Jason, the man who led the expedition of the Argonauts and brought the Golden Fleece back to Greece from Colchis, is an exception to the general rule that the names of mythical heroes were not borne by historical persons.  And this despite the supremely shabby figure that he cuts in Euripides’ Medea, where he abandons his first wife Medea in favour of a strategic marriage with a ruler’s daughter and expects Medea to be grateful!  The Greek form of the name is Iāsōn (Greek had no J), three syllables, or in epic verse Iēsōn, and the Lexicon of Greek Personal Names offers to date 785 Iasons.  The only hint at the normal avoidance of mythical names is that the first Iasons only appear at the end of the 5th c.:  Iason tyrant of Pherai in Thessaly (not far from the home of the mythical Jason) was born c. 430, but may have been preceded by an Athenian attested in 405 BCE.  The distribution of the name is rather striking: modest popularity in most regions, but huge peaks in Greek North Africa (Cyrene and regions west) and in Caria and Lycia in South West Turkey.  The Argonaut Jason had supposedly stopped off in the vicinity of Cyrene and claimed the region for Greek settlement on the way back from Colchis, even though that settlement only occurred at least half a millennium after the ‘Age of Heroes’ to which Jason belonged.  That myth might help to explain the name’s popularity in north Africa, but not in South West Turkey.  A name that acquires great popularity outside Greece proper is often an ‘assonance name’: the Greek name nearest in sound to a name from the native name stock of the region in question.  But we know too little of names in the Carian and Lycian languages to identify a candidate or candidates for the original.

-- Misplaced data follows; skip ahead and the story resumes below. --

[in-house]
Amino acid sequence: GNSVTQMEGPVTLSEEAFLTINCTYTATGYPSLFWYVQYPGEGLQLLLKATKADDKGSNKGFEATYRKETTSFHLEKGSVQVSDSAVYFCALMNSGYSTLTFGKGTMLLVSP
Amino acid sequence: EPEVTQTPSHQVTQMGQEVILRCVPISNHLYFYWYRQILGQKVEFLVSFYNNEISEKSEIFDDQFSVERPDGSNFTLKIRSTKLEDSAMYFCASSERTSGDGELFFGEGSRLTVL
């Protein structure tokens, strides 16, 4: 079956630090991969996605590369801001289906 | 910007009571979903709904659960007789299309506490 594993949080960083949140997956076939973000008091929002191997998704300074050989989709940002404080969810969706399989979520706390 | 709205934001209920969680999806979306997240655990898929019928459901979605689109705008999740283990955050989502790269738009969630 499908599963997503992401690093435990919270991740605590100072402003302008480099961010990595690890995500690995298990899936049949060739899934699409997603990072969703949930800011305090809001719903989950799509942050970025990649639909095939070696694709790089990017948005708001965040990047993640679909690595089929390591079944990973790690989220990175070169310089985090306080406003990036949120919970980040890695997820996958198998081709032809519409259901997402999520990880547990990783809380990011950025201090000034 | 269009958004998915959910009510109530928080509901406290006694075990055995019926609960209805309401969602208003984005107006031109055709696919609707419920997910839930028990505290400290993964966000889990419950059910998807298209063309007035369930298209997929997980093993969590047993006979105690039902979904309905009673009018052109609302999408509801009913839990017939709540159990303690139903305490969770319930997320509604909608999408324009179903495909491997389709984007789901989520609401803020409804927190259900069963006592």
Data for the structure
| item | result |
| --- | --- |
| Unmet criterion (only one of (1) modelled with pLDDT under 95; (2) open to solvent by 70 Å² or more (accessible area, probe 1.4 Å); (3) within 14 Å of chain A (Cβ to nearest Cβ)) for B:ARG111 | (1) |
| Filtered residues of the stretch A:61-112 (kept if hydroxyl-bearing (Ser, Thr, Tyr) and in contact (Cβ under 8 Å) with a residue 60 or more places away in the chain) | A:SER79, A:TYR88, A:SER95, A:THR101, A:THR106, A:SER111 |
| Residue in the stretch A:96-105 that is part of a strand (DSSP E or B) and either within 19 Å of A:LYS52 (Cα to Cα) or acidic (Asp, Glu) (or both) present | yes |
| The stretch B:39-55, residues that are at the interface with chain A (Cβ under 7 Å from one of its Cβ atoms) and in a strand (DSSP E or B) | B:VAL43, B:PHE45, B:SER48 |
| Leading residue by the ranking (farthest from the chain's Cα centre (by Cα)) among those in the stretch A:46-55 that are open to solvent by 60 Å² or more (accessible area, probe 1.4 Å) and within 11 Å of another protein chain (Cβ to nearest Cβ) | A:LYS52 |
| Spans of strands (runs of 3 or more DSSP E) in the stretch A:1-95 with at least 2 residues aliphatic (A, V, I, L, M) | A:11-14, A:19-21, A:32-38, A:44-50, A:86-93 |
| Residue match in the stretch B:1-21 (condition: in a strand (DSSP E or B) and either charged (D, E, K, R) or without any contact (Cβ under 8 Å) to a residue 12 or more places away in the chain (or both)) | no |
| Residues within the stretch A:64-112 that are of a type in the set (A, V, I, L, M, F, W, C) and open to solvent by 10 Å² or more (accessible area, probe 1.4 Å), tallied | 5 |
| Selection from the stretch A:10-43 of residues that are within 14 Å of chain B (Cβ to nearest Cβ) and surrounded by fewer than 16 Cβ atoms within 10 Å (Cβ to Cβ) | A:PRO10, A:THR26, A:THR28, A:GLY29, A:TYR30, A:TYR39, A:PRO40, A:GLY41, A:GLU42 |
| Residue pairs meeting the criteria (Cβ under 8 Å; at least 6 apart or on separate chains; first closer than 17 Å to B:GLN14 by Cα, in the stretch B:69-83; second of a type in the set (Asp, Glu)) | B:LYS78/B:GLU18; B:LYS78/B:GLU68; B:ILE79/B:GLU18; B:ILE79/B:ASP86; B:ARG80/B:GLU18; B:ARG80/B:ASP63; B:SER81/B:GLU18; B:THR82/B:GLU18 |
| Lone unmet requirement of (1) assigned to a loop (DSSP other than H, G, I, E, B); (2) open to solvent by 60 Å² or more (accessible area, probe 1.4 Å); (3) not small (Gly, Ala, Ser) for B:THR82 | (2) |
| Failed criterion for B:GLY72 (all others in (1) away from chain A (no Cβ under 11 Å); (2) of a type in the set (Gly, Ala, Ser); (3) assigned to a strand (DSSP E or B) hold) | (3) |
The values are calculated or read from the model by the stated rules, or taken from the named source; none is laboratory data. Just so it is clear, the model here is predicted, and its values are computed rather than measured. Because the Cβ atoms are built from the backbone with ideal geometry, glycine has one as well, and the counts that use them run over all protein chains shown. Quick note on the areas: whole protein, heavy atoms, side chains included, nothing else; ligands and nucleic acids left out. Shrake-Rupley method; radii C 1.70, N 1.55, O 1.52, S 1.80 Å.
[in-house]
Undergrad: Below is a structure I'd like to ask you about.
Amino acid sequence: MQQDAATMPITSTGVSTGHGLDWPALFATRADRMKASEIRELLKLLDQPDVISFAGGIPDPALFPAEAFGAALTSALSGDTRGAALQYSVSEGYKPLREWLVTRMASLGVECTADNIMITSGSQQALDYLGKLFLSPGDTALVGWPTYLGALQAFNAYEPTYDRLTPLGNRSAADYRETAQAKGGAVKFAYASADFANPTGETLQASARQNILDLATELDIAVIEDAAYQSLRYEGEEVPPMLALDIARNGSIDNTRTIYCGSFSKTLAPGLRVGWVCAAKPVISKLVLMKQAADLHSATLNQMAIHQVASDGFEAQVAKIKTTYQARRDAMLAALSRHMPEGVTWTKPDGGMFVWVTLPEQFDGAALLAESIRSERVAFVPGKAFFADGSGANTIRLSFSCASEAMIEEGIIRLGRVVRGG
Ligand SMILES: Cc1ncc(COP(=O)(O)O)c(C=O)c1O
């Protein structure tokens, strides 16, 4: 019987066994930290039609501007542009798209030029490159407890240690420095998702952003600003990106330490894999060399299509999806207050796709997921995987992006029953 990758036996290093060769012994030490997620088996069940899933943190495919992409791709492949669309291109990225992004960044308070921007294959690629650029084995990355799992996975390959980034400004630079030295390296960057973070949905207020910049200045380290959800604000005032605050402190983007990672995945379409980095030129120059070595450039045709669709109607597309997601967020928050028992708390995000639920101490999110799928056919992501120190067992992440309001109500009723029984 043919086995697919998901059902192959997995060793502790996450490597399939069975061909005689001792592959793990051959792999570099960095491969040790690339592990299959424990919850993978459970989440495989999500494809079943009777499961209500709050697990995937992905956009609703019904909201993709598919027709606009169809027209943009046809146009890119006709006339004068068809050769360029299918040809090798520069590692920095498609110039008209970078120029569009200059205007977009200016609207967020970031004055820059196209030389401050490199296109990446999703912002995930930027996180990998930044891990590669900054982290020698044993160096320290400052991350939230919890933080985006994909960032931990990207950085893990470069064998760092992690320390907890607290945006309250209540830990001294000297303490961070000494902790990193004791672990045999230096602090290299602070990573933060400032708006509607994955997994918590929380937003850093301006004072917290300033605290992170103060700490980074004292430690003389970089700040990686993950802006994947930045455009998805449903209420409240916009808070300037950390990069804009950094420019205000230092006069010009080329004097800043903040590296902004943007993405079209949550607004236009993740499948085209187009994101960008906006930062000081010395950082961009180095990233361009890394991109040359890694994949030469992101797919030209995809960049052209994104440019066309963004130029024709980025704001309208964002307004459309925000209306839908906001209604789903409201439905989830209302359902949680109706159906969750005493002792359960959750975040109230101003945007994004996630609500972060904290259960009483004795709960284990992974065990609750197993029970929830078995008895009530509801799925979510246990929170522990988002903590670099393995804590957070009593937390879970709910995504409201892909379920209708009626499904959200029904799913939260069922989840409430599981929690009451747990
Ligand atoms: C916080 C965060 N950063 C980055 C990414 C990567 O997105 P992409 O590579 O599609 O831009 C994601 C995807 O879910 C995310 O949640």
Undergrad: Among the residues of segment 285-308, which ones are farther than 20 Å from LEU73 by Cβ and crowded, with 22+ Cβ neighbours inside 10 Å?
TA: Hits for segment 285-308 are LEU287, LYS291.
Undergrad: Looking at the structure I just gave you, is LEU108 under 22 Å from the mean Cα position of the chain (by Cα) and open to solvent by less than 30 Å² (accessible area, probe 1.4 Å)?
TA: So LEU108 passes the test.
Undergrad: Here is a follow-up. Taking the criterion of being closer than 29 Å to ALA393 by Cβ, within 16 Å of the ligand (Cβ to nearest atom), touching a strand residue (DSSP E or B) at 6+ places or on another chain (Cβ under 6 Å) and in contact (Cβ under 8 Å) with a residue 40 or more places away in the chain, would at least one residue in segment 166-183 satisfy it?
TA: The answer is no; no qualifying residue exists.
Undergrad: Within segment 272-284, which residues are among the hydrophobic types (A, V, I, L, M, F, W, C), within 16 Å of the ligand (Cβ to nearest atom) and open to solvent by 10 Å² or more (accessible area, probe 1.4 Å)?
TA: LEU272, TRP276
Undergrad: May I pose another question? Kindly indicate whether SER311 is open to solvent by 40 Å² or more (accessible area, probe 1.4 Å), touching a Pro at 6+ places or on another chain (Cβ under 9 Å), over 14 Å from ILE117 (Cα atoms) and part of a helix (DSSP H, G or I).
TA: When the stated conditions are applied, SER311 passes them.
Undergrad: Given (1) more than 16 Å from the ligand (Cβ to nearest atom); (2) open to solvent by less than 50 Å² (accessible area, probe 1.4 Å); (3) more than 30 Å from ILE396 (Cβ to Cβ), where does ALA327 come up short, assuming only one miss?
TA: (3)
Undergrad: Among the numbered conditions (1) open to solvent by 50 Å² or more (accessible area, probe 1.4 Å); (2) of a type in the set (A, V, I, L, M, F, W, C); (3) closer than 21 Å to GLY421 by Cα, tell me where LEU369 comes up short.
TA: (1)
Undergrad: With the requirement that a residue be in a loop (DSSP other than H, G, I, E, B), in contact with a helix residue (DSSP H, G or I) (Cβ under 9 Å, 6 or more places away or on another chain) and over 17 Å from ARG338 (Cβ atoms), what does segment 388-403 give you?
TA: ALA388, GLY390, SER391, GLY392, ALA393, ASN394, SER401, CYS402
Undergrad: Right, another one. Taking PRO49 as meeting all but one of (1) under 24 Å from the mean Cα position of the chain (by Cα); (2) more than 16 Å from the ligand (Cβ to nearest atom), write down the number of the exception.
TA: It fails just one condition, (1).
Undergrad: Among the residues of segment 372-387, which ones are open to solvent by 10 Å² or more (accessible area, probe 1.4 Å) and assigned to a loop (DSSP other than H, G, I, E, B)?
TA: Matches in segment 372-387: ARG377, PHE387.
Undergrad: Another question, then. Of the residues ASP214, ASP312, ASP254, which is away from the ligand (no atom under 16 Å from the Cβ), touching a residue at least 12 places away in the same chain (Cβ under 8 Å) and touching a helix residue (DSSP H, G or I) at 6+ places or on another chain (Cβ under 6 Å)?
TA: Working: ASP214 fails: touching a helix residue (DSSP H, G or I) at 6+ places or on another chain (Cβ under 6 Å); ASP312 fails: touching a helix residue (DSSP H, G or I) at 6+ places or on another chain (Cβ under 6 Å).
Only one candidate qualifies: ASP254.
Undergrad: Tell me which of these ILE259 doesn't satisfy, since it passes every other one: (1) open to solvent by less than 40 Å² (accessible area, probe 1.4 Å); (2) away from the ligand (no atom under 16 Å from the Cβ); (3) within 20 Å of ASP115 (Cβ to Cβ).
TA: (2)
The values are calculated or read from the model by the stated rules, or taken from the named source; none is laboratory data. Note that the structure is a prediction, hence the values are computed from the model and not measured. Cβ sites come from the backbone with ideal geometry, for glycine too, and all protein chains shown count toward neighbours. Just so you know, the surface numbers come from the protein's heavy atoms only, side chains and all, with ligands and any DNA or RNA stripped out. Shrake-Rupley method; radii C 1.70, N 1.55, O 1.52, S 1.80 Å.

An instance of just that phenomenon is known from a different region.  Iason became a fairly common name among Jews who came into contact with Greek speakers: Iason of Thessalonike (Acts 17.5), perhaps identical with Paul’s ‘kinsman’ (Romans 16.21), is an  example.  One rare and precious testimony makes the process explicit: the Jewish historian Josephus tells us (Antiquities 12. 239) that a High Priest at Jerusalem in the second century BCE who was friendly to Greek culture changed his name from ‘Iesos’ (the name familiar to us as Jesus) to Iason.  His original Hebrew name was presumably Yeshua or Yehoshua: ‘Iesos’ is itself a partial hellenisation of the Semitic name.  Iesos and Iason show alternative ways of ‘translating’ a non-Greek name for use in a Greek environment: in Iesos the Semitic name has acquired a Greek ending, but no more, whereas Iason more drastically appropriates an existing Greek name.   

The modern history of the name is less than clear.  That it first flourished in the USA, and gained hugely in popularity in the 20th c, is certain: census records for the 1880s made it 408th in popularity, for 1990 24th.  It was completely absent even from the second edition (1884) of Yonge’s History of Christian Names (admittedly a work with a European bias).  The admirable E.G. Withycombe claims that it has been used occasionally since the 17th c. and derives it from the Iason of Thessalonike mentioned above (who is in fact a saint in the Catholic and Orthodox churches).  Nothing to do with the Greek hero, she insists.  But one may suspect that five Jason and the Argonauts films may have helped to keep it popular in recent times.

Robert Parker



jason wearing the golden fleece michele cortazzo